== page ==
With 80,000* construction workers suffering from-work related ill health each year, there’s never been a more pressing need for wellbeing to be promoted to the top of the industry’s agenda.
Add to this the shocking news from the British Safety Council that a quarter of builders have admitted to having suicidal thoughts, and it’s clear that measures need to be taken to safeguard not only the physical health, but also the mental welfare of employees.
Office fit out and refurbishment specialists Overbury has recently taken a sizeable step in the right direction, investing heavily in health, safety and wellbeing on their three-year project, developing London’s 27-story Shell Building. Cowry Consulting were brought on board for the innovative study, which had stellar results, with the level of unsafe behaviours while working at height reducing by 82% in just 12 weeks.
The project was underpinned by the recognition that key behaviours tend to contribute to safety lapses. Time pressure and ‘hot emotional’ states were recognised as factors contributing to poor decision-making, often compounded by the testosterone-fuelled attitude to risk taking in what is often a male-dominated environment. It also emerged that operatives occasionally cut corners when it came to safety because it saved time, with the result that these habits would spread amongst the team until they became the social norm.
Physical health starts with mental health.
To redress these potentially risky behaviours, the project placed a huge emphasis on day-to-day wellbeing, in the belief that physical health starts with mental health. Induction training hammered home the importance of taking regular breaks, to reduce ‘hot emotional states’. The canteen was also renovated into a calming zone, with a view that workers would return to the floor feeling calm and clear-headed.
A calming environment
In a bold move, this involved decorating the walls in Baker-Miller pink, a shade that has long been claimed to have a soothing impact and has historically even been said to pacify prisoners in jail. More communal tables were also introduced, along with softer lighting and plants, plus games to reduce stress hormones.
Eoin Murphy, Health, Safety and Wellbeing Manager at Overbury, says, “I was sceptical about the canteen colour, but the figures don’t lie. The canteen got people talking about something that had been brought in for health, safety and wellbeing purposes, and getting the conversation going is half the battle sometimes. Word spread quickly as people moved between sites too.”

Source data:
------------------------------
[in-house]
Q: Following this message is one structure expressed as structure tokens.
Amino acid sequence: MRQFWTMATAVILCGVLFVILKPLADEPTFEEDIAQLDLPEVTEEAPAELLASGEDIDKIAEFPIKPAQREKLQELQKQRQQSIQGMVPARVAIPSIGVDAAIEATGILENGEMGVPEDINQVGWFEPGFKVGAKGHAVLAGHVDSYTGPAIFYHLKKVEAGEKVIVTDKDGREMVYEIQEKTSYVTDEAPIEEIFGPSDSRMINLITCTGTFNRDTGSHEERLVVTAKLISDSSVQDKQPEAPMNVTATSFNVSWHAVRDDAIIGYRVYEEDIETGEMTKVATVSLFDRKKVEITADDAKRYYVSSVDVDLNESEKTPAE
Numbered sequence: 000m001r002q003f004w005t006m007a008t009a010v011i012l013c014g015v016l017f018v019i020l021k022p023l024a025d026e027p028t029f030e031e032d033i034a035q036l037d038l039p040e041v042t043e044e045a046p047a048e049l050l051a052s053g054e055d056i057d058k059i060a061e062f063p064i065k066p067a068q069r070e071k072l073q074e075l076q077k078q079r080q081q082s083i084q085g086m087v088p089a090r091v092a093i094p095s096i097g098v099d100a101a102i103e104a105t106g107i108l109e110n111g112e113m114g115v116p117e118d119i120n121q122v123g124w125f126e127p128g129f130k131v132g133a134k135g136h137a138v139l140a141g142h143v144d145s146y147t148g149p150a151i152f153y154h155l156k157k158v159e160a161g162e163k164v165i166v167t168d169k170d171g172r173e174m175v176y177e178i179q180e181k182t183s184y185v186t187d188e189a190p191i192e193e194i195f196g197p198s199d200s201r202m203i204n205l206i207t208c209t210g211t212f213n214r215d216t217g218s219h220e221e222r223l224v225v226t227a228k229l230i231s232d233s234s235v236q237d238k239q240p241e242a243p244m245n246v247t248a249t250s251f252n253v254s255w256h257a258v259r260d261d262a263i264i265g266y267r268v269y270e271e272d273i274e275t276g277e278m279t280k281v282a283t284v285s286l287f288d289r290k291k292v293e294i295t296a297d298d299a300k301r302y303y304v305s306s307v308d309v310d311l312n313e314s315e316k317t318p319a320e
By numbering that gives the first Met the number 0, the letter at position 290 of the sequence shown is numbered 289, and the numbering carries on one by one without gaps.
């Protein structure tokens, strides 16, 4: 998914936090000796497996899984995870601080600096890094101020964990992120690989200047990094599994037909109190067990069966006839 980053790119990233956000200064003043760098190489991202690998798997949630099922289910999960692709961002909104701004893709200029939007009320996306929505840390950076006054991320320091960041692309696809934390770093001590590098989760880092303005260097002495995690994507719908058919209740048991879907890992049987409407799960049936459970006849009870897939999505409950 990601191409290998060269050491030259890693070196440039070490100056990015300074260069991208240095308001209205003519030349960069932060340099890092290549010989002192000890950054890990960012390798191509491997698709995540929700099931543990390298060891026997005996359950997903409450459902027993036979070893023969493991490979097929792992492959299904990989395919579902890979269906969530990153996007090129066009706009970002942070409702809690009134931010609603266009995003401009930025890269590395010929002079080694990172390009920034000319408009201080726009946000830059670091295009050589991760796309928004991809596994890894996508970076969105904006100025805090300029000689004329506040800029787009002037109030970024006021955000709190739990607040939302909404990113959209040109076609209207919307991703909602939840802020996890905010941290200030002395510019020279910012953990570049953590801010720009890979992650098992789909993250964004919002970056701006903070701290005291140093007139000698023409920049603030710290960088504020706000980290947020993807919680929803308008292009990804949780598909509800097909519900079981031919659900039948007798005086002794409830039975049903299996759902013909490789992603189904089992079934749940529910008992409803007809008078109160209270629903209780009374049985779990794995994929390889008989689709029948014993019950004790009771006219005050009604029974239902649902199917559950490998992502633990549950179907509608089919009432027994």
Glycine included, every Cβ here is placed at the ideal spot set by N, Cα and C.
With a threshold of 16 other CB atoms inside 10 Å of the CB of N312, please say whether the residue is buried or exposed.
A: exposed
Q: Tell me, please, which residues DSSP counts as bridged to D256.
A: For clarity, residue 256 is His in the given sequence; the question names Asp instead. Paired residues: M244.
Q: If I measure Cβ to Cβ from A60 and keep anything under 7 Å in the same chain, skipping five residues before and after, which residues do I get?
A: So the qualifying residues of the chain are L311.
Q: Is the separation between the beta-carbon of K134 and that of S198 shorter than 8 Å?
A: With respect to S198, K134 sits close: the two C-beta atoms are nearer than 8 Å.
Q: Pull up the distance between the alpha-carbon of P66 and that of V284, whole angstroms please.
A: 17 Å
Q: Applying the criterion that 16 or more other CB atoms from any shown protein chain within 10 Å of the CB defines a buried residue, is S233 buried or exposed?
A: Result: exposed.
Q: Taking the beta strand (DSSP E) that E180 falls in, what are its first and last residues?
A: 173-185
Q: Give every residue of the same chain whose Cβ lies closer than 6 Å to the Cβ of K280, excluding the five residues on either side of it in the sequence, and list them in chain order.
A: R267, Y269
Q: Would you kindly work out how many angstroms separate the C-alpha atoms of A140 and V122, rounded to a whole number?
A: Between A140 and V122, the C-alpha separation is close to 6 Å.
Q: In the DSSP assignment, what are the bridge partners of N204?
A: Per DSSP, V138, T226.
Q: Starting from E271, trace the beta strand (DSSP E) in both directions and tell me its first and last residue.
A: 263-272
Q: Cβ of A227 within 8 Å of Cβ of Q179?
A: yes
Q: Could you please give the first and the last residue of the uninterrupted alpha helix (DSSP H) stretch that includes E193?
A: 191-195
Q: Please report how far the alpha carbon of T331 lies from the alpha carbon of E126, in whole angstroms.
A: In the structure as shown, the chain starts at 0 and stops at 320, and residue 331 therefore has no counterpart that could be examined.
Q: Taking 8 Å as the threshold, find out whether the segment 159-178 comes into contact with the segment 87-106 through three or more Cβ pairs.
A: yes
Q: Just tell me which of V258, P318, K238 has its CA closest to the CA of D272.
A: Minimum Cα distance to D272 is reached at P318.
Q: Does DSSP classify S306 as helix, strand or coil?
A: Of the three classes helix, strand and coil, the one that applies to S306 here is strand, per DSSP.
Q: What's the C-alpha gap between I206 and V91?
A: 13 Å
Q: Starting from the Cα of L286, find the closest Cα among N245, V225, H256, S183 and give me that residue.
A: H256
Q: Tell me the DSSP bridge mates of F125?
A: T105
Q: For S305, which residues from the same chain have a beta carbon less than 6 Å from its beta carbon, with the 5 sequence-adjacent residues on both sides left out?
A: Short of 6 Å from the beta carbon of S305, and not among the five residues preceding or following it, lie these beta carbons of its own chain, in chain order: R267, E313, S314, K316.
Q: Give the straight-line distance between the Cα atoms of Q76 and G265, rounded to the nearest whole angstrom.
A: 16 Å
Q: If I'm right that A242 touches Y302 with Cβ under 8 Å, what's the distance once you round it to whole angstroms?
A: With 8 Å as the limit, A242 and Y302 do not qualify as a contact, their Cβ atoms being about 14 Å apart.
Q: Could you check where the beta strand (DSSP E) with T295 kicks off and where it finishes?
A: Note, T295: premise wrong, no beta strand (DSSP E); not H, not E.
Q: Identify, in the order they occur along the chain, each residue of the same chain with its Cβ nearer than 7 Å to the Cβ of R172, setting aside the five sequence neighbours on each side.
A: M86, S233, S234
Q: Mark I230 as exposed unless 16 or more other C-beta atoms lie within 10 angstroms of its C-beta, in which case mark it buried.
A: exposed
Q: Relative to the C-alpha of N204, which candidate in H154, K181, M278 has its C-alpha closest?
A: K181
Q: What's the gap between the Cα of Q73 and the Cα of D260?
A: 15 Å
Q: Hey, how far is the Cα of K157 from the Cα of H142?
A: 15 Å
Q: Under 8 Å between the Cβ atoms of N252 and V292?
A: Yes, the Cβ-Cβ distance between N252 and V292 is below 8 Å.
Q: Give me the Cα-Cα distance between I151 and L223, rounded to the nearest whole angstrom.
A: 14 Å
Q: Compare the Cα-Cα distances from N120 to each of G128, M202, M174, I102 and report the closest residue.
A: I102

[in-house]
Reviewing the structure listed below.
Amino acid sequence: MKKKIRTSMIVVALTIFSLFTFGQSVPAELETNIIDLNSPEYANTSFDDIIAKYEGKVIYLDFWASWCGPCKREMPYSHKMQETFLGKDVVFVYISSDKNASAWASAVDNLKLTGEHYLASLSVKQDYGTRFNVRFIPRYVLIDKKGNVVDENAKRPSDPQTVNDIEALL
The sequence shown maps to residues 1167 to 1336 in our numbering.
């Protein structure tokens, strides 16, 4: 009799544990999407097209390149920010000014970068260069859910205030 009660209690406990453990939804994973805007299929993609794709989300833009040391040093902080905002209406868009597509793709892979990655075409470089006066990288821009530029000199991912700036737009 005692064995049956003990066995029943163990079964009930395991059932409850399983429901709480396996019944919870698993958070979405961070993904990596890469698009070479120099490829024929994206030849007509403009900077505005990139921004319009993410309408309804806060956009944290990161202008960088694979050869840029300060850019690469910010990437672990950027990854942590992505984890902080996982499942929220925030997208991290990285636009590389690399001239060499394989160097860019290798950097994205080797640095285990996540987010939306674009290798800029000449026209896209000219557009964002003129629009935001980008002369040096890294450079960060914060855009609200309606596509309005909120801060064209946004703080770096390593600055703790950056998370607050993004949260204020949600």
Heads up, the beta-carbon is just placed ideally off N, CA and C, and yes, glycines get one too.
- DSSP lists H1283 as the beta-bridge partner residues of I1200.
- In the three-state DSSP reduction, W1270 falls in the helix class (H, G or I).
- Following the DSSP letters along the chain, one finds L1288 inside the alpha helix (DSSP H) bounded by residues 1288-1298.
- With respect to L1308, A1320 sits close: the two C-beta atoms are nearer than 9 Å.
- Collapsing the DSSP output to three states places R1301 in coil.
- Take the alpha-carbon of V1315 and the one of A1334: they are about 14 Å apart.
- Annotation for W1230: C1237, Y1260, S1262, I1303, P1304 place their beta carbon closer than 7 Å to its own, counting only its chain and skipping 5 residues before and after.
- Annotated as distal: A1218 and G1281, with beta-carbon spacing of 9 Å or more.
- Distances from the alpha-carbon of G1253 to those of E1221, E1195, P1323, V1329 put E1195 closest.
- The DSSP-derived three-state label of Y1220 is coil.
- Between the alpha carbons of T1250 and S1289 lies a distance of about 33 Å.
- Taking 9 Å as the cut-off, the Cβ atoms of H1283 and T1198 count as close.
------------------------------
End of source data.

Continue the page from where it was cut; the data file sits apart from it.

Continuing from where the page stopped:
A nudge in the right direction
Indeed, getting the workforce talking was a central part of the study, which employed ‘nudge theory’, a behavioural science concept that outlines how a series of small prompts can change our behaviour.
Ziba Goddard, a trained psychologist and Head of Core Consulting at Cowry, says, “Nobel Prize winner Professor Thaler demonstrated in his book ‘Nudge’ how nudging can help people to exercise better self-control and this is precisely what we wanted to do here, reducing unsafe behaviour by over 80 percent. But this was as much about enhancing staff wellbeing and engagement as it was cutting risk.”
A series of small prompts can change our behaviour.
Rewards and incentives
Other interventions included stopping the established system of penalising health and safety infringements with a red card, in favour of positive reinforcement. A gold card rewards system was introduced, and all operatives were entered into a weekly lottery draw to win prizes, such as a Smart TV or £150 M&S voucher.
However the card could be revoked if anyone was seen to work unsafely and Overbury encouraged an emphasis on team spirit with the mandate that if one operative had his card revoked, his entire team would be removed from that week’s lottery.
A new perspective
The traditional weekly walk around was also updated, to show operatives the importance of site safety through the eyes of the supervisor. During the walk around, operatives were encouraged to ask questions about safety and seek out potentially risky behaviours, on the basis that they would then find it difficult to act unsafely themselves when back on site.
In an industry known for its resistance to change, the study proved a runaway success, winning the ‘Health, Safety & Wellbeing Initiative of the Year’ award at the Association for Project Safety’s National CDM Awards 2018. Most importantly, the level of unsafe behaviours in material moving reducing by an incredible 93%, and the number of unsafe behaviours while working at height reducing by 82%.
“ Knowing that our initiatives have helped the site operatives feel better at work and reduce unsafe behaviours is priceless,” says Sarah Piddington, Head of Health, Safety and Wellbeing at Overbury. “The lessons we have learned here can be applied to any project size, and don’t require a large financial investment to see a significant change.”
Overbury specialises in fit out and refurbishment nationally with projects ranging from a few thousand pounds to over £100 million.
It is part of Morgan Sindall Group plc, a leading UK construction and regeneration group with revenue of c£2.6 billion and which operates through six divisions of Construction & Infrastructure, Fit Out, Property Services, Partnership Housing, Urban Regeneration and Investments. www.overbury.com
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